“Archbishop’s immediate responsiveness, his care for the situation, his recognition of what this issue meant to the families experiencing loss, as well as his fierce pro-life heart, means everything to me,” said Crawley. “God has and continues to do great work through him. I will forever be grateful for responding to my email and guidance, because in doing so he is changing the world for families facing the loss of their precious little babies. Every soul has a mission and God is using archbishop in big ways. We have been especially blessed to have had his leadership for all these years.”

Penny Listecki knows the archbishop in a way that many others don’t. She sees the good shepherd, but she also sees the protective older brother.

“He’s always looked out for me,” she said recently while being interviewed about her brother’s legacy. “Even if I was the nasty one, he would always say to my mother and father, ‘Oh, don’t punish her please, Ma, don’t punish her.’”

When asked how she would describe her older brother to someone who did not know him, Listecki said that “he’s very compassionate, really sincere with people, and I would also say that he’s loving.”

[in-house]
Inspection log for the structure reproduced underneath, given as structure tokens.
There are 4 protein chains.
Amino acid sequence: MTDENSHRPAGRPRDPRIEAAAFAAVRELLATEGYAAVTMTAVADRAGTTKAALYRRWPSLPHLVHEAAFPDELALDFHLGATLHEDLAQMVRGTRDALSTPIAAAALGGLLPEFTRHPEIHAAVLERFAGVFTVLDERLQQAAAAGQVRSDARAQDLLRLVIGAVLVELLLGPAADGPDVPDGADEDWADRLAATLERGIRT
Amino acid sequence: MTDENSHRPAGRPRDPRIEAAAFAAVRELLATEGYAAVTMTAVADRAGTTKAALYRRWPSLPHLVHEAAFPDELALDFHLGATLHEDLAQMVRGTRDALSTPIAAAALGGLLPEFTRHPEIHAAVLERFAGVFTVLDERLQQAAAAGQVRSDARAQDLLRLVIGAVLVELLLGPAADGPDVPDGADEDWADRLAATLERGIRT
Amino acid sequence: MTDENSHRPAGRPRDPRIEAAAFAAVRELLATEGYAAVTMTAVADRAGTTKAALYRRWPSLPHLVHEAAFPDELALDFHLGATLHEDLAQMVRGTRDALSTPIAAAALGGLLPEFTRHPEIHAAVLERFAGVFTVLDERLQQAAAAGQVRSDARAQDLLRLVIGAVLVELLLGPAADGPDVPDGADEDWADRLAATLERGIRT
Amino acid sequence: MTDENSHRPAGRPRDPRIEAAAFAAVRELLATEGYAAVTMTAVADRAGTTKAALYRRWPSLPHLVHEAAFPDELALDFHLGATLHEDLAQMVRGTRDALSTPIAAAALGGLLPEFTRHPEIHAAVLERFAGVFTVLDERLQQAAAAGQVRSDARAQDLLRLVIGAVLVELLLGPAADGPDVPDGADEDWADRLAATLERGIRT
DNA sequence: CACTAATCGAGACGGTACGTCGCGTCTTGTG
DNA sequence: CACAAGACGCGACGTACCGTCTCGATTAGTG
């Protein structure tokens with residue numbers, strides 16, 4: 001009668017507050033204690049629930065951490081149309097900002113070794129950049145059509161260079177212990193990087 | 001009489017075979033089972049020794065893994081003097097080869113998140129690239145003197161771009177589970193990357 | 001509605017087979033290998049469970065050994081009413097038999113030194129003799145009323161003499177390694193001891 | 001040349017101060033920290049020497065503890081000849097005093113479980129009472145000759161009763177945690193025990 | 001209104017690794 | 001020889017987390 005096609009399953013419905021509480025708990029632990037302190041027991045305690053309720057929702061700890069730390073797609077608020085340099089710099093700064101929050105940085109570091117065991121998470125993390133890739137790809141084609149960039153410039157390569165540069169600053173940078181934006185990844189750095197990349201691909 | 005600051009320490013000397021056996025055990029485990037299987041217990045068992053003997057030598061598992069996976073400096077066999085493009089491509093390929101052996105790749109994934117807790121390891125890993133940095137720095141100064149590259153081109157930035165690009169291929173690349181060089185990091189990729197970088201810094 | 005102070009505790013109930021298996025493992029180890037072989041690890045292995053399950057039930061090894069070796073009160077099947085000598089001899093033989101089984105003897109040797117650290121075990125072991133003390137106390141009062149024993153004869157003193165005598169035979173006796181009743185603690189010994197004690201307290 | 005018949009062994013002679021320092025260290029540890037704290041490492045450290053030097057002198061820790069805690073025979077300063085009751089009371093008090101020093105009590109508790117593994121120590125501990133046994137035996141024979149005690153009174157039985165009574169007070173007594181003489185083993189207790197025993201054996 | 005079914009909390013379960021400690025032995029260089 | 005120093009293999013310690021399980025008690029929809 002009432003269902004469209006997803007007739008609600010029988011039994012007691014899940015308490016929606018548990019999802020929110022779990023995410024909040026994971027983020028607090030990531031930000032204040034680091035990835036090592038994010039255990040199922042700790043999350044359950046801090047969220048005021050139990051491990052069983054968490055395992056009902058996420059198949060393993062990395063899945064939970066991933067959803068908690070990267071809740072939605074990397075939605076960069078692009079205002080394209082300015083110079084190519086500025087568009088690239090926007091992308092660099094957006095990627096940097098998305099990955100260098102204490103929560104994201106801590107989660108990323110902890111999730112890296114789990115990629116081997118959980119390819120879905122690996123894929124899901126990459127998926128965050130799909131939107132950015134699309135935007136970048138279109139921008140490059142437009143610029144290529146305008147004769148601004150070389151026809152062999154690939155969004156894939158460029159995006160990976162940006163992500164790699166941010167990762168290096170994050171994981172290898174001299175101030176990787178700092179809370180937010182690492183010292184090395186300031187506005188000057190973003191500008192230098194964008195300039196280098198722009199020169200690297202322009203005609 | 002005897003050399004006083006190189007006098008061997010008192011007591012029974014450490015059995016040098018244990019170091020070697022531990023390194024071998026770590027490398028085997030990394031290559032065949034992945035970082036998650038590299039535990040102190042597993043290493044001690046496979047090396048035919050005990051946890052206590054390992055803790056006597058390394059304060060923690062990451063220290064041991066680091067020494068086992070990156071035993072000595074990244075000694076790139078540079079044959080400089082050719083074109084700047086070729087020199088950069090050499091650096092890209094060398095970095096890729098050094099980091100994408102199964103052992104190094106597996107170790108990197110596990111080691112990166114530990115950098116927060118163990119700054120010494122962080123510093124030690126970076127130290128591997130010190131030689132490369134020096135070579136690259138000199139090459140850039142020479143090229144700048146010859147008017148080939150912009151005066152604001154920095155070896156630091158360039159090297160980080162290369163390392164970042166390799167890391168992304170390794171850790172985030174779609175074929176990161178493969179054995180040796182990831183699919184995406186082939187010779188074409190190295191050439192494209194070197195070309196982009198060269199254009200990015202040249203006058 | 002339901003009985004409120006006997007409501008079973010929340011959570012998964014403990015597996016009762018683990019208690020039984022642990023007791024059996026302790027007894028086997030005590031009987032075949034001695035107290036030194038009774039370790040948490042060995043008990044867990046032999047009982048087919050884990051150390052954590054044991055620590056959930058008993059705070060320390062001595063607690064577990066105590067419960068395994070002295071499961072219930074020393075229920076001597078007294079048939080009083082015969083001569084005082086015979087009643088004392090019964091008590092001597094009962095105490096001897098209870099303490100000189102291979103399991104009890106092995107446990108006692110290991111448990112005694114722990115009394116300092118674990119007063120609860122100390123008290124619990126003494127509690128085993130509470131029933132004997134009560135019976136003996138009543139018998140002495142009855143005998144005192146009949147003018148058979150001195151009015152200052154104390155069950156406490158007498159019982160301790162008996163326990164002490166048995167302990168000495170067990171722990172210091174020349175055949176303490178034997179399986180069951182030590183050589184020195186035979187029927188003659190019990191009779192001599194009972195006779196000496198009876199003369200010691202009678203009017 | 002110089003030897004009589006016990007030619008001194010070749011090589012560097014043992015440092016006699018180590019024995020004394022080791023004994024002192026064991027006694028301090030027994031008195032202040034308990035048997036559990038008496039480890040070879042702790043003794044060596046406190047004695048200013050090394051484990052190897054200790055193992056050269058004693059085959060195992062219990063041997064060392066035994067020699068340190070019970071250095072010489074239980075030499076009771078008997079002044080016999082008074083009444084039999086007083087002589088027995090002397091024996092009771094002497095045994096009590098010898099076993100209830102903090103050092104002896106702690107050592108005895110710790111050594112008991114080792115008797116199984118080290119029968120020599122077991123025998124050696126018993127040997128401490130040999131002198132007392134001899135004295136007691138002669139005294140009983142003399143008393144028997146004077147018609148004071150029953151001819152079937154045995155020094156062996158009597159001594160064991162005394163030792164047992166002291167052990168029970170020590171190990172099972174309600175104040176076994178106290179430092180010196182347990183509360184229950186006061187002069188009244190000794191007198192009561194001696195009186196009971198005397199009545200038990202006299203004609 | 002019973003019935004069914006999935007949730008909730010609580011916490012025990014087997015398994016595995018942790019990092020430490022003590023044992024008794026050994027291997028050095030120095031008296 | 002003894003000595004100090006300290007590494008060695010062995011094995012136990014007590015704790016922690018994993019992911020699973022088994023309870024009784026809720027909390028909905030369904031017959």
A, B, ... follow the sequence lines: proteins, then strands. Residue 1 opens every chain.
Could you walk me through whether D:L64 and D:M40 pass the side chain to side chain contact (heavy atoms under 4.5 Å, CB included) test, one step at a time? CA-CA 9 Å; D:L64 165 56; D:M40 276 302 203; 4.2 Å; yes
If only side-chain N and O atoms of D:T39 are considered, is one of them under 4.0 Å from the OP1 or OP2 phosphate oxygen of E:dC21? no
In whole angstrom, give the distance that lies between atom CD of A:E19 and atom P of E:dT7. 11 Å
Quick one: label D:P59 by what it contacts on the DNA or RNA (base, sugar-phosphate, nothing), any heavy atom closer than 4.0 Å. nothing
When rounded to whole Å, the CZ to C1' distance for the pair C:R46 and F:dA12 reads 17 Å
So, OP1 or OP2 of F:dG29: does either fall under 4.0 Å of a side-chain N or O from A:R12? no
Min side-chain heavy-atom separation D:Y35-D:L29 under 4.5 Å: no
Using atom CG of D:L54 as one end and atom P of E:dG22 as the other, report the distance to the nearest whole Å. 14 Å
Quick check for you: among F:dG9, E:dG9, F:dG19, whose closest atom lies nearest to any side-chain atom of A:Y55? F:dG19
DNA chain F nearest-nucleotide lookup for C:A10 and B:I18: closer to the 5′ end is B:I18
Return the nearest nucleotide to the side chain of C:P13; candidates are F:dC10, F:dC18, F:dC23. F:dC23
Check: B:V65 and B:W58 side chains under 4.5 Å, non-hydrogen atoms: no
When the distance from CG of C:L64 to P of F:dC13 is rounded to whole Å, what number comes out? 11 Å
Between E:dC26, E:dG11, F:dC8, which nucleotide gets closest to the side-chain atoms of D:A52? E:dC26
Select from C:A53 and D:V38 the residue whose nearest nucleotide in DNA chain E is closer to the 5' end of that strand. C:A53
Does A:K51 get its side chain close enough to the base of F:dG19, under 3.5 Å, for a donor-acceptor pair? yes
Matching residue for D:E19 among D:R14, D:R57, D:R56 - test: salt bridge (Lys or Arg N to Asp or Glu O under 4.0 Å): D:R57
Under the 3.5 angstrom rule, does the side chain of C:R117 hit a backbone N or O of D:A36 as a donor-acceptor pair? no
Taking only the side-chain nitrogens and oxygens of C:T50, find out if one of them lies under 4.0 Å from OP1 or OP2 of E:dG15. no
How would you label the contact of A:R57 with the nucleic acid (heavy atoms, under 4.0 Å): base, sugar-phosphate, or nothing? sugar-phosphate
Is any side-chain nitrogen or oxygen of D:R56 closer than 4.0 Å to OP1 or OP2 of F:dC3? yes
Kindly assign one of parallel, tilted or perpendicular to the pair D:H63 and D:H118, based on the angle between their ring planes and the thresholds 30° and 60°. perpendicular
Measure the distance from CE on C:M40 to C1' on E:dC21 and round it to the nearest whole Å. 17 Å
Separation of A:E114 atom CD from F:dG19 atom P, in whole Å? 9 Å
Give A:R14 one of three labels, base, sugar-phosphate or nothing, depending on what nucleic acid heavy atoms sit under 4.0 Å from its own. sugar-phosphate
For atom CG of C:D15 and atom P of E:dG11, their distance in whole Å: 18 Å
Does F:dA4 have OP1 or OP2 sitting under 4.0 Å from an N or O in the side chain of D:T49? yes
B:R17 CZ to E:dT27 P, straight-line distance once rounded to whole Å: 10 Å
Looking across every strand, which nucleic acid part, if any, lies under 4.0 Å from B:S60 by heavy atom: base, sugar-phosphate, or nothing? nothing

“People (are drawn) to him,” she said.

She related a story from when she went to Leon’s Custard with her brother. A woman in line recognized the archbishop and gave him a hug.

“She said, ‘I don’t know you, but I listen to you on radio and I once saw you on TV.’ And she said, ‘I just love you and I’m not even Catholic,’” said Listecki. “It’s kind of nice to know that he’s very much respected in this area and liked.”

She recalled one time that she went to visit the archbishop when he was studying in Rome. “It was an exciting time because I’ve never been out of the country. But the most exciting thing is as a Christmas present, he got me tickets to receive Communion from the Pope (at midnight Mass on Christmas Eve). And that was the best Christmas present he ever, ever, ever gave me. And it was JPII, so I was ecstatic. My heart still sings from it today.”

During his time here in Milwaukee, Penny Listecki said that her brother, “put his heart and soul into it.”

“He gave it his heart and soul, and I hope people remember him for his kindness, for his pastoral (abilities). When people call, he picks up the phone. I’ll never forget the first time he picked up the phone over here (at his residence) and somebody couldn’t believe that the archbishop was answering his own phone. He’s very much out there for the people, for his flock. He’s very much for them.”

For all his accomplishments, his degrees and his professional experience, Archbishop Listecki could well put himself on a pedestal, his sister said — but he never does.

“I just want everybody to know that there’s not anyone that can come up to him and he won’t talk to them, he won’t smile with them, he’ll give a conversation,” she said. “He never sits on that pedestal.”